Israeli researchers claim existing drug could stop coronavirus in its tracks
The team, led by Hebrew University Professor Yaakov Nahmias say that the cholesterol-lowering drug Fenofibrate, sold under the name Tricor, could “downgrade” COVID-19 to a simple cold
By ILANIT CHERNICK
In what could be a major game changer in the fight against coronavirus, Israeli researchers have claimed that a simple medication, which has been on the market for decades, could be used to treat the virus and “downgrade it” to a simple cold.
The team, led by Hebrew University of Jerusalem’s (HU) Prof. Yaakov Nahmias says “early research looks promising.”
In the study, Nahmias explained that the novel coronavirus prevents the routine burning of carbohydrates. As a result, large amounts of fat accumulate inside lung cells, a condition the virus needs in order to reproduce.
For the last three-months, Nahmias and Dr. Benjamin tenOever from New York’s Mount Sinai Medical Center have been focusing on the ways in which the SARS-CoV-2 changes patients’ lungs in order to reproduce itself leading them to this discovery.
“If our findings are borne out by clinical studies, this course of treatment could potentially downgrade COVID-19’s severity into nothing worse than a common cold,” Nahmias said.
These findings could explain why patients with high blood sugar and cholesterol levels are often at a particularly high risk to develop COVID-19.
“Viruses,” the team explained, “are parasites that lack the ability to replicate on their own, so they take control of our cells to help accomplish that task.”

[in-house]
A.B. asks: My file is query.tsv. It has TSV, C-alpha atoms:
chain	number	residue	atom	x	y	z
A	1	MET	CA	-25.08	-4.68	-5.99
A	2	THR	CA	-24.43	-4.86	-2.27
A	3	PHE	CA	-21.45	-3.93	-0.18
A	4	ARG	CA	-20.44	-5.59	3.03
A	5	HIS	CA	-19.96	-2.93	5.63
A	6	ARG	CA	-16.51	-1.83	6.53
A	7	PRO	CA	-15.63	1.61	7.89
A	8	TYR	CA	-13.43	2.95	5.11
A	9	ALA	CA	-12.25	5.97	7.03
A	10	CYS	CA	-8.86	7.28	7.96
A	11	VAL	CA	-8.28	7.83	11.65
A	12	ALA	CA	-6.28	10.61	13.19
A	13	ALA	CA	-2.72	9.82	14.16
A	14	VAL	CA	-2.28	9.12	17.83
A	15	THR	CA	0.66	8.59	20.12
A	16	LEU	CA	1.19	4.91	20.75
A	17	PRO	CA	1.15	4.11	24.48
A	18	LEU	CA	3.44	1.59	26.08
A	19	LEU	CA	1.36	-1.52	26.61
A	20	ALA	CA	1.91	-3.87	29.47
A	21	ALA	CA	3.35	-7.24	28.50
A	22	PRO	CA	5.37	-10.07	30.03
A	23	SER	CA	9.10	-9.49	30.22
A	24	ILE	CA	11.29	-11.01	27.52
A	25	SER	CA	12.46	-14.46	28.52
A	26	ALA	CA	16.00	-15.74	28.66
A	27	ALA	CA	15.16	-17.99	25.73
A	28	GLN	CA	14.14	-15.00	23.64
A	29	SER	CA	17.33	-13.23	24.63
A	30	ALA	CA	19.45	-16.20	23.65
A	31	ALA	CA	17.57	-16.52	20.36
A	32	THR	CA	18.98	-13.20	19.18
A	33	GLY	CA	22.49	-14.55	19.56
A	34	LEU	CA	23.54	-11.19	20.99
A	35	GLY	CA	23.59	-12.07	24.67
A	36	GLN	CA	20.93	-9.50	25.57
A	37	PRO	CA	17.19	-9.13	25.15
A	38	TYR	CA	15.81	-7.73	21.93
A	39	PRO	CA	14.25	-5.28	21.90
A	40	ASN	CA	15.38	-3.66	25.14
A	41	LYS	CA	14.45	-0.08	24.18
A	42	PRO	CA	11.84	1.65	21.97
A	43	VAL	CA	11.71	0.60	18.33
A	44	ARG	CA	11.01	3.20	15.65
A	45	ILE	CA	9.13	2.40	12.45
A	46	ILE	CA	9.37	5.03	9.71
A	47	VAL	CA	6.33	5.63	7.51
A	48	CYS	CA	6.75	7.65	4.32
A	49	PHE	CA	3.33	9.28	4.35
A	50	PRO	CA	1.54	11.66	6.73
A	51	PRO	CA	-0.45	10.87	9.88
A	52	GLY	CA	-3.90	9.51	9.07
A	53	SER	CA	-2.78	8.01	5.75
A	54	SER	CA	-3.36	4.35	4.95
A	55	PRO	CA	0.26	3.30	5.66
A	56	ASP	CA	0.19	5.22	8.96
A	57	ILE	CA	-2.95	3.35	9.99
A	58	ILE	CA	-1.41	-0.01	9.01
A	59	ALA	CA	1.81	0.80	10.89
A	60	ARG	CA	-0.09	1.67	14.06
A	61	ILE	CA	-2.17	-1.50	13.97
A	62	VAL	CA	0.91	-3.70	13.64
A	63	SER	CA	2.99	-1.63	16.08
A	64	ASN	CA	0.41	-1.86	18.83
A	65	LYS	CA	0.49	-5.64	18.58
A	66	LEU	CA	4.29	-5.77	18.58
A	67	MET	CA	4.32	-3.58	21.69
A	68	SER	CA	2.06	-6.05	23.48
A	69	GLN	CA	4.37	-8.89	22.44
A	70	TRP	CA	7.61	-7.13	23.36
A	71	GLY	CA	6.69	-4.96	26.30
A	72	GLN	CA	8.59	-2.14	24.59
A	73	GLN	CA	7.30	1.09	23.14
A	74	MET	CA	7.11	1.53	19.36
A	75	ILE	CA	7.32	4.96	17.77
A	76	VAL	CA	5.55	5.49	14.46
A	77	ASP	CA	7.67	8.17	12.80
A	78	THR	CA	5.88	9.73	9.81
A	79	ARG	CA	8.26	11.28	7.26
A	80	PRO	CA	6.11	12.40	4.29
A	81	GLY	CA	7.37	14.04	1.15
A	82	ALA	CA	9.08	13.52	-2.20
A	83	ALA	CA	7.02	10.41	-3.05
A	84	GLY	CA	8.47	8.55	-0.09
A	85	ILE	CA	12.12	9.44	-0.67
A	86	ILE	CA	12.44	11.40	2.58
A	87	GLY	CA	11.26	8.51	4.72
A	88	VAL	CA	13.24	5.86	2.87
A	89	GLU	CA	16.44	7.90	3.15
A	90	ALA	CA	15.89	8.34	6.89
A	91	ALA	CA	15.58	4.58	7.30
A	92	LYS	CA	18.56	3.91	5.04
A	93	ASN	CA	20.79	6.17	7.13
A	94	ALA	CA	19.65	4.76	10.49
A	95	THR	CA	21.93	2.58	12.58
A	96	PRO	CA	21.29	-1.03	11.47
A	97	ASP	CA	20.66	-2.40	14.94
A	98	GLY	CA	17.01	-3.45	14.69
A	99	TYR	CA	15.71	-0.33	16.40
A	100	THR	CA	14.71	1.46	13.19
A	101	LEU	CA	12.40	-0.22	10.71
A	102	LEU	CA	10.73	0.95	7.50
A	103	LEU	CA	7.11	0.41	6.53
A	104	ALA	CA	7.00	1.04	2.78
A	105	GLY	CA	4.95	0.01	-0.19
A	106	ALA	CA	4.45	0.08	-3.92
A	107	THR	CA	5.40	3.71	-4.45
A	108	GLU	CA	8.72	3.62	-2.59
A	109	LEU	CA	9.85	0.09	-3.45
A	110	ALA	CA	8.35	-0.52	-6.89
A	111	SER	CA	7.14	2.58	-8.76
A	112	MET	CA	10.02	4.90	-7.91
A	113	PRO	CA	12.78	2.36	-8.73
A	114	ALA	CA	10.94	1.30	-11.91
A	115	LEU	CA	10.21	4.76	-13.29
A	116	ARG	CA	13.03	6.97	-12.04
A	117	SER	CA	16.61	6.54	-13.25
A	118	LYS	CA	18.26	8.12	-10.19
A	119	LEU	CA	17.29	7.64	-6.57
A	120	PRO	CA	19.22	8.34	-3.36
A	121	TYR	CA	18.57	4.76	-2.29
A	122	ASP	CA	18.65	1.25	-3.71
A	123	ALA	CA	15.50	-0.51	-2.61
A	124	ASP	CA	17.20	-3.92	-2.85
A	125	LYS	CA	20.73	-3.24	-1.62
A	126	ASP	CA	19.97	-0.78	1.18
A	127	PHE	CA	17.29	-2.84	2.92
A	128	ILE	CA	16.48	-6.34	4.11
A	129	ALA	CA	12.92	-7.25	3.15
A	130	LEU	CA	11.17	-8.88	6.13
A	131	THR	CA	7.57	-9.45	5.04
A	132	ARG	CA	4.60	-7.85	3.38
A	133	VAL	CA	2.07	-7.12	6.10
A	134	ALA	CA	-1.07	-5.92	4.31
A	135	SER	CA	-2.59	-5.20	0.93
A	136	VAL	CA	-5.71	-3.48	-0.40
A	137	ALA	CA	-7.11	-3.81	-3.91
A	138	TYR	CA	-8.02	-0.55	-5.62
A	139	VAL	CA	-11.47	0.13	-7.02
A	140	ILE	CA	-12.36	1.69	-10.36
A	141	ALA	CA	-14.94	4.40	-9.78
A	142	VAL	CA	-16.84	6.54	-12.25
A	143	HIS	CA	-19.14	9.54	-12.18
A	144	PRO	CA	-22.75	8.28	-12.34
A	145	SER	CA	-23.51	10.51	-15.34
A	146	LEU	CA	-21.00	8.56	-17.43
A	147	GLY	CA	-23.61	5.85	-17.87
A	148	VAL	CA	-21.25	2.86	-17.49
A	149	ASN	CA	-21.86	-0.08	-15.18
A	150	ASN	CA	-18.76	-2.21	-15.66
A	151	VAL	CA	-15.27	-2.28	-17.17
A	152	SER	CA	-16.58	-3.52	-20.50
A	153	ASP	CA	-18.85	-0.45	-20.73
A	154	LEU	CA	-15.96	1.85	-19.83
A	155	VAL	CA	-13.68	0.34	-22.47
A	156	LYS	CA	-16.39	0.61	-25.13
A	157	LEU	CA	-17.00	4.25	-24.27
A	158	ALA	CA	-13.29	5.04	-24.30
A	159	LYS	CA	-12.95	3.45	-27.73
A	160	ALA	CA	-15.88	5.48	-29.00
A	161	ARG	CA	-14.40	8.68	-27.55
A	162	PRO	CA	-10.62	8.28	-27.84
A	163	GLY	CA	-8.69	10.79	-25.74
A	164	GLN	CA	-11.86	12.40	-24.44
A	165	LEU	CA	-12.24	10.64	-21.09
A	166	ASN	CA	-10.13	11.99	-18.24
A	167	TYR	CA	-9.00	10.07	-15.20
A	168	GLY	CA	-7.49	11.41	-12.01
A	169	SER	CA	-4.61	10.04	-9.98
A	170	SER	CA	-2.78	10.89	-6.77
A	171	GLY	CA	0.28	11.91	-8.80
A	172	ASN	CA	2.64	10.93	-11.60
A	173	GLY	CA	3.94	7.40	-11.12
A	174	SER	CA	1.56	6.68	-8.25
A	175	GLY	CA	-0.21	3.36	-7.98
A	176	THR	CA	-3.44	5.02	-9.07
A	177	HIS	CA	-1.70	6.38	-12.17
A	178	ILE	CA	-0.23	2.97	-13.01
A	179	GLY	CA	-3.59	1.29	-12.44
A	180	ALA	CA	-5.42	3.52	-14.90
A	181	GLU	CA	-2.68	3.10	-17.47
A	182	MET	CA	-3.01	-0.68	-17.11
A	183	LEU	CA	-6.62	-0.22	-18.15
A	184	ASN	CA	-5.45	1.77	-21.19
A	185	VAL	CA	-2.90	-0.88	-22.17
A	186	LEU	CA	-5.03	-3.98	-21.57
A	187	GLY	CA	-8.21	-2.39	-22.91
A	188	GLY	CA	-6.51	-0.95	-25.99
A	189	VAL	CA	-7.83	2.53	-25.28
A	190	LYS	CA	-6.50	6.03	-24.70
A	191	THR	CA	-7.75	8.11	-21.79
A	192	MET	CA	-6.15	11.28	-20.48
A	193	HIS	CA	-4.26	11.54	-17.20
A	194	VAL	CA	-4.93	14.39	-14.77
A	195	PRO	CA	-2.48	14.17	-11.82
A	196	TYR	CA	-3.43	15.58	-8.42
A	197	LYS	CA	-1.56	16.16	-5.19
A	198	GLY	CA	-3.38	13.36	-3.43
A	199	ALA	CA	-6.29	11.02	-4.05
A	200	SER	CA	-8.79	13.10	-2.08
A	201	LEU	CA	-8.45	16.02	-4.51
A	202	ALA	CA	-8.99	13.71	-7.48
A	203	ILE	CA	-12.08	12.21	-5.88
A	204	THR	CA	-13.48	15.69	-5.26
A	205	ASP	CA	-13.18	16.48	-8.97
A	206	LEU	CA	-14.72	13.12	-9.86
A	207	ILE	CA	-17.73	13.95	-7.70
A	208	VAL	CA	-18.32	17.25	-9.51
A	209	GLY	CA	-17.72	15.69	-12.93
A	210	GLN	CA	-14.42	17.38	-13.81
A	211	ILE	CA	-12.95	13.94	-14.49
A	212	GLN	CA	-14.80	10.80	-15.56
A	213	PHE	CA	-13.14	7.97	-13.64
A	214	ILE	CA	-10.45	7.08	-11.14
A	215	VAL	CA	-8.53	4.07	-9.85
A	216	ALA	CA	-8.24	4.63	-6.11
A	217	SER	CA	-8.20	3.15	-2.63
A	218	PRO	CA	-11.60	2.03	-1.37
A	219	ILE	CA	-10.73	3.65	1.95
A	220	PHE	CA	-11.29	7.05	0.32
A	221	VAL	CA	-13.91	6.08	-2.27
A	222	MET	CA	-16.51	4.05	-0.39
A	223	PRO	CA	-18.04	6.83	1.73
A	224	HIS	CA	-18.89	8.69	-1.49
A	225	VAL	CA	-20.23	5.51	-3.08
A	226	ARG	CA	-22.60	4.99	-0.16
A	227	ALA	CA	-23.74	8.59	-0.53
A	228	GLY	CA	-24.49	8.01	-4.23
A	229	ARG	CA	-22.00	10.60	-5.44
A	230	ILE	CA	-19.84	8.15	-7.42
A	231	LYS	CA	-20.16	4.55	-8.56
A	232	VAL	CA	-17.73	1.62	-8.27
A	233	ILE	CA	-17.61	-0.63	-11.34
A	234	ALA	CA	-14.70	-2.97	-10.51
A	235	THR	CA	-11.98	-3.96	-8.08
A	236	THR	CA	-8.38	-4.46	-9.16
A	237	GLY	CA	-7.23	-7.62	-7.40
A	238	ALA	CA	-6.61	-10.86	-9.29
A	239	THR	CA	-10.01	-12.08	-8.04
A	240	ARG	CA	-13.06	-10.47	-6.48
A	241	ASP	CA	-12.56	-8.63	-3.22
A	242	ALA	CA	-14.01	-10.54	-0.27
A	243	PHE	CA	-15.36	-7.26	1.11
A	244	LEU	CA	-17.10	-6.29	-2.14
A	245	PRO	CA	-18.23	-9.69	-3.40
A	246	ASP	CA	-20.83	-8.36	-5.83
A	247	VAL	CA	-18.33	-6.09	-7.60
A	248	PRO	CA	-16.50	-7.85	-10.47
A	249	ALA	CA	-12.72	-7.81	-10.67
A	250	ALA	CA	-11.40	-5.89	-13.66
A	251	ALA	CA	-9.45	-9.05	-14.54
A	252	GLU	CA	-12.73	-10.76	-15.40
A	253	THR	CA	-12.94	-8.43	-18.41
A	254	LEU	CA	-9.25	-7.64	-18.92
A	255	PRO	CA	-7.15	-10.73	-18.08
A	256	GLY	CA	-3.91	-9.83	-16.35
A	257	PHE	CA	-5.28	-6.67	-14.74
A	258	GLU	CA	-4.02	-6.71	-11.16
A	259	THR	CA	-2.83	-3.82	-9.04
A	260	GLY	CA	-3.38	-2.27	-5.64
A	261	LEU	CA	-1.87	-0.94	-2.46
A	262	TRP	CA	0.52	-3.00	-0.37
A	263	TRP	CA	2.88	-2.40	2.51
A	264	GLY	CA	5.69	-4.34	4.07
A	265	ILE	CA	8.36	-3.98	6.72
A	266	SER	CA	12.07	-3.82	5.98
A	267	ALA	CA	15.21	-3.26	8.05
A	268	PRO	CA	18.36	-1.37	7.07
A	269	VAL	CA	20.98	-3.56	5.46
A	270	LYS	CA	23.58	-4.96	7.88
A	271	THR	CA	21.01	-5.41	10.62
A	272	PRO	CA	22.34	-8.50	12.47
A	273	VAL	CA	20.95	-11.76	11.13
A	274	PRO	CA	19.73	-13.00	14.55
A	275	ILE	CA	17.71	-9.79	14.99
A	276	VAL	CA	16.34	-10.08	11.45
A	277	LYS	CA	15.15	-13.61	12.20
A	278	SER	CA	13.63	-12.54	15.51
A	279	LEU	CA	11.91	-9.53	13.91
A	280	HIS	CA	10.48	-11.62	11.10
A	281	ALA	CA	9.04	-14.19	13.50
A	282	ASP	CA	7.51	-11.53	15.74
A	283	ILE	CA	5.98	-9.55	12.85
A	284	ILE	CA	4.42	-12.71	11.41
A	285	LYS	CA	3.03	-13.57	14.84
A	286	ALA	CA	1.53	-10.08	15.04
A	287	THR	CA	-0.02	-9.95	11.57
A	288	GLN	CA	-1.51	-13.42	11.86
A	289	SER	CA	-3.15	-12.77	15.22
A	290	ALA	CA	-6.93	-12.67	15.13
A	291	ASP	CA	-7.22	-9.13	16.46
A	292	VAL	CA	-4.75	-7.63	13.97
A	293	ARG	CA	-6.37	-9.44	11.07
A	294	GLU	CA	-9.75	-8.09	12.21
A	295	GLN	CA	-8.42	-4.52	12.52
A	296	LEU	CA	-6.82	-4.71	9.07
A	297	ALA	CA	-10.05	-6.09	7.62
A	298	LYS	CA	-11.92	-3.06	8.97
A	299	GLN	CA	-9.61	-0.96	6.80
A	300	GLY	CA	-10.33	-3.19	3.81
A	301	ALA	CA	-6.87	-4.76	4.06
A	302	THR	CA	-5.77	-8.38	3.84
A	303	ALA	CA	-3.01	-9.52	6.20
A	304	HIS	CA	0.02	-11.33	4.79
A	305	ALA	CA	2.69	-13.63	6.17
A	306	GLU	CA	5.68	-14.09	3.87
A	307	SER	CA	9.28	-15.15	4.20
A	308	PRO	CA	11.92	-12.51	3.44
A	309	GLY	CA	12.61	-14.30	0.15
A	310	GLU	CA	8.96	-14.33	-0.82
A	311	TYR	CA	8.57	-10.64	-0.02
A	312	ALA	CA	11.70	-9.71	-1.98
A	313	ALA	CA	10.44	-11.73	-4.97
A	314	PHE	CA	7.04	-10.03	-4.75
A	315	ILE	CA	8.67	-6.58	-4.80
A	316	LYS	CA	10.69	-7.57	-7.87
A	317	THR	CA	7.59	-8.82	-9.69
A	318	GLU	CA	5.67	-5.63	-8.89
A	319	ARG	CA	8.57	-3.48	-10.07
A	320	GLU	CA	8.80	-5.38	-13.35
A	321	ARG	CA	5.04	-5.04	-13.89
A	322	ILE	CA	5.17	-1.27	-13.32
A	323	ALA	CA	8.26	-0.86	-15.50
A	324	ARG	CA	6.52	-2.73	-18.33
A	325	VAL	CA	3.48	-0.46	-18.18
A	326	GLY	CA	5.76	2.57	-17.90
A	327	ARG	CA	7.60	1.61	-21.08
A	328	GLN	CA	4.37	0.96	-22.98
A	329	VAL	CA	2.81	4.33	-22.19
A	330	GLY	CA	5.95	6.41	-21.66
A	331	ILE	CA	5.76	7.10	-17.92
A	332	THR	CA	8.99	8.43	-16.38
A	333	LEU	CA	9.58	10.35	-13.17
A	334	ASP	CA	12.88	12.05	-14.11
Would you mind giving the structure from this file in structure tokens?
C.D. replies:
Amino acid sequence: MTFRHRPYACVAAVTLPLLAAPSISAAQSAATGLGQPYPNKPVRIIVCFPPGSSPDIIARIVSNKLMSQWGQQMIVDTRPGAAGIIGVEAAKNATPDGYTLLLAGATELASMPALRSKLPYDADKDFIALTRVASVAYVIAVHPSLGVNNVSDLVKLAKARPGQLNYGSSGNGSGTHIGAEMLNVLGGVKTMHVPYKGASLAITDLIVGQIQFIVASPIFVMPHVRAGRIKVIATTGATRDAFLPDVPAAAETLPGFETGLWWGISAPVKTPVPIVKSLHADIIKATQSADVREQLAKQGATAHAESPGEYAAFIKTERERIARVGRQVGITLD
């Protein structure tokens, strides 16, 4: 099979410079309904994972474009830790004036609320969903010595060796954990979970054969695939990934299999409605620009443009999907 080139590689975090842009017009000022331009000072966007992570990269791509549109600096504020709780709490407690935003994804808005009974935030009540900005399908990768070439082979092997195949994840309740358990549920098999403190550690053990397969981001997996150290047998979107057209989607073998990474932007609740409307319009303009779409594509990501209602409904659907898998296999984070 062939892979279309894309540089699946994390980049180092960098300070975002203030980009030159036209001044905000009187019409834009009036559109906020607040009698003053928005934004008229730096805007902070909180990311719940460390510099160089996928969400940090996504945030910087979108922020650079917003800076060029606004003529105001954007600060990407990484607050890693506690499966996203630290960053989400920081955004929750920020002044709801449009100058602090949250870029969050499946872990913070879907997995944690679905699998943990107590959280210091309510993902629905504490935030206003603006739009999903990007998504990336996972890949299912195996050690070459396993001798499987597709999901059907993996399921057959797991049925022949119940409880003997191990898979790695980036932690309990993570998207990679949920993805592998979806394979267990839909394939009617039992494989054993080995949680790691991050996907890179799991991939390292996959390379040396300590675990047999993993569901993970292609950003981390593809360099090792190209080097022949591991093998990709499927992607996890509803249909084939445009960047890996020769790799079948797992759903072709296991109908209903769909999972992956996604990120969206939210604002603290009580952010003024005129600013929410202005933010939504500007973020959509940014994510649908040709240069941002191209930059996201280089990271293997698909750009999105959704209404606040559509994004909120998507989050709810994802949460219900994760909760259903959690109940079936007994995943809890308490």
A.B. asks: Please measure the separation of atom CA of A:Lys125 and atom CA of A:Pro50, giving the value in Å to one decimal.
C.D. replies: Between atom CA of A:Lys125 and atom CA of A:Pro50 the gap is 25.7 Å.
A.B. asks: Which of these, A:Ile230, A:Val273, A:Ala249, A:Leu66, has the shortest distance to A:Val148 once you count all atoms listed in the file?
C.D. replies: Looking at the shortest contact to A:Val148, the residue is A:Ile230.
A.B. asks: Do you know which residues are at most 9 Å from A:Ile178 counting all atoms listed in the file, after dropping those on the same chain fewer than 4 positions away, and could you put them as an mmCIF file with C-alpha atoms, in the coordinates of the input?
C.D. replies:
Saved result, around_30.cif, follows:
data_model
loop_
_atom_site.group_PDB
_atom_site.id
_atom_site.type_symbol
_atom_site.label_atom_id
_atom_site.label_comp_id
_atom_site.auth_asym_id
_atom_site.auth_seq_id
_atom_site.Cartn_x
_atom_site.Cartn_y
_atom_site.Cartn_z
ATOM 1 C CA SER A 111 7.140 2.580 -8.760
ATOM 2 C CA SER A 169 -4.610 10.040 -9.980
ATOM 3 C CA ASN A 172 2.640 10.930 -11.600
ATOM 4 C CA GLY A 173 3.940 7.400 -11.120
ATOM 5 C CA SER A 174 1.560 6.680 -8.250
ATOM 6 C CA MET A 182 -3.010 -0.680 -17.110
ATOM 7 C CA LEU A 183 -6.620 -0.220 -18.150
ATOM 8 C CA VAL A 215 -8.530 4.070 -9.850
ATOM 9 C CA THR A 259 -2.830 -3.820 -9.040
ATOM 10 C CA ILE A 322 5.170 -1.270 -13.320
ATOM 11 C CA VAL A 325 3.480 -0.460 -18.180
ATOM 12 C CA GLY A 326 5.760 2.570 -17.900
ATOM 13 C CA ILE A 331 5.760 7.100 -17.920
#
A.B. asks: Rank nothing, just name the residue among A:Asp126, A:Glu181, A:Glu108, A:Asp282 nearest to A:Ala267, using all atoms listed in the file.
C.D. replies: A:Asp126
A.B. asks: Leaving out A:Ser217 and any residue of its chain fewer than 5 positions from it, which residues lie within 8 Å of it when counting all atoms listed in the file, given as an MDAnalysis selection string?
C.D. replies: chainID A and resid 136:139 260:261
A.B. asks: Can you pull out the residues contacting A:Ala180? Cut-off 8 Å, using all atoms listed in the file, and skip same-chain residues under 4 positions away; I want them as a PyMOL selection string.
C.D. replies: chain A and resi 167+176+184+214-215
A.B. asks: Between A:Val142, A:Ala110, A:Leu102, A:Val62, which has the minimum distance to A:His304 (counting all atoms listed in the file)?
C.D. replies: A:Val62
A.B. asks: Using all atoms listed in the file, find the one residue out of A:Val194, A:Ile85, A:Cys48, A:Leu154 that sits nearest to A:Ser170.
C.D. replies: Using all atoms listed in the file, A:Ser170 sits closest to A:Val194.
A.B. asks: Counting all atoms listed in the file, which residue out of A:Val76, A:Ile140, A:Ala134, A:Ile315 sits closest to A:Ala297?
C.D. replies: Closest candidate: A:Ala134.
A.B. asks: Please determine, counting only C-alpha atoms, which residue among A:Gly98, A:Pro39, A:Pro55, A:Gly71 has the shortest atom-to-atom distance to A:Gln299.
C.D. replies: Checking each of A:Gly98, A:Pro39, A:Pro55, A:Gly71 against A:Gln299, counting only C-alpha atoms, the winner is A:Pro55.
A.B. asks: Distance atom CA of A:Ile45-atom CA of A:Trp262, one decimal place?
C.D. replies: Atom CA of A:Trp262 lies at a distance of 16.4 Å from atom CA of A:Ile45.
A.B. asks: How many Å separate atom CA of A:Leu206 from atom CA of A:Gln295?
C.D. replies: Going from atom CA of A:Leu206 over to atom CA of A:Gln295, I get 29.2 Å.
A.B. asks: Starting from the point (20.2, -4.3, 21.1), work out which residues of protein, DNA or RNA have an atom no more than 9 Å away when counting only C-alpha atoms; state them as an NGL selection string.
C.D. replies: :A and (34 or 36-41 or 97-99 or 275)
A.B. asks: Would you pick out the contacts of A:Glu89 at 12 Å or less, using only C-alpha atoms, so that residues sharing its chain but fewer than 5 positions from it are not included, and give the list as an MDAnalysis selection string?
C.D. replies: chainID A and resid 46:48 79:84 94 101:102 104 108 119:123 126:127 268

Nahmias added that by understanding how the SARS-CoV-2 (coronavirus) “controls our metabolism, we can wrestle back control from the virus and deprive it from the very resources it needs to survive.”
Prior to their discovery, Nahmias and tenOever started doing FDA-approved studies using drugs that interfere with the virus’ ability to reproduce.
In lab studies, the cholesterol-lowering drug Fenofibrate, sold under the name Tricor, showed extremely promising results.
“By allowing lung cells to burn more fat, fenofibrate breaks the virus’ grip on these cells, and prevents SARS CoV-2’s ability to reproduce,” the researchers said.
Amazingly, they found that within only five days of treatment, the virus almost completely disappeared.
“With second-wave infections spiking in countries across the globe, these findings couldn’t come at a better time,” Nahmias stressed, adding that global cooperation may provide the cure.
For tenOever, the collaboration between the two labs “demonstrates the power of adopting a multi-disciplinary approach to study SARS-CoV-2 and that our findings could truly make a significant difference in reducing the global burden of COVID-19.”
“While there are many international efforts currently underway to develop a coronavirus vaccine, studies suggest that vaccines may only protect patients for a few months.”
But, the researchers concluded, “by blocking the virus’ ability to function, rather than neutralizing its ability to strike in the first place, may be the key to turning the tables on COVID-19.”
Their findings appear in this week’s Cell Press’ Sneak Peak.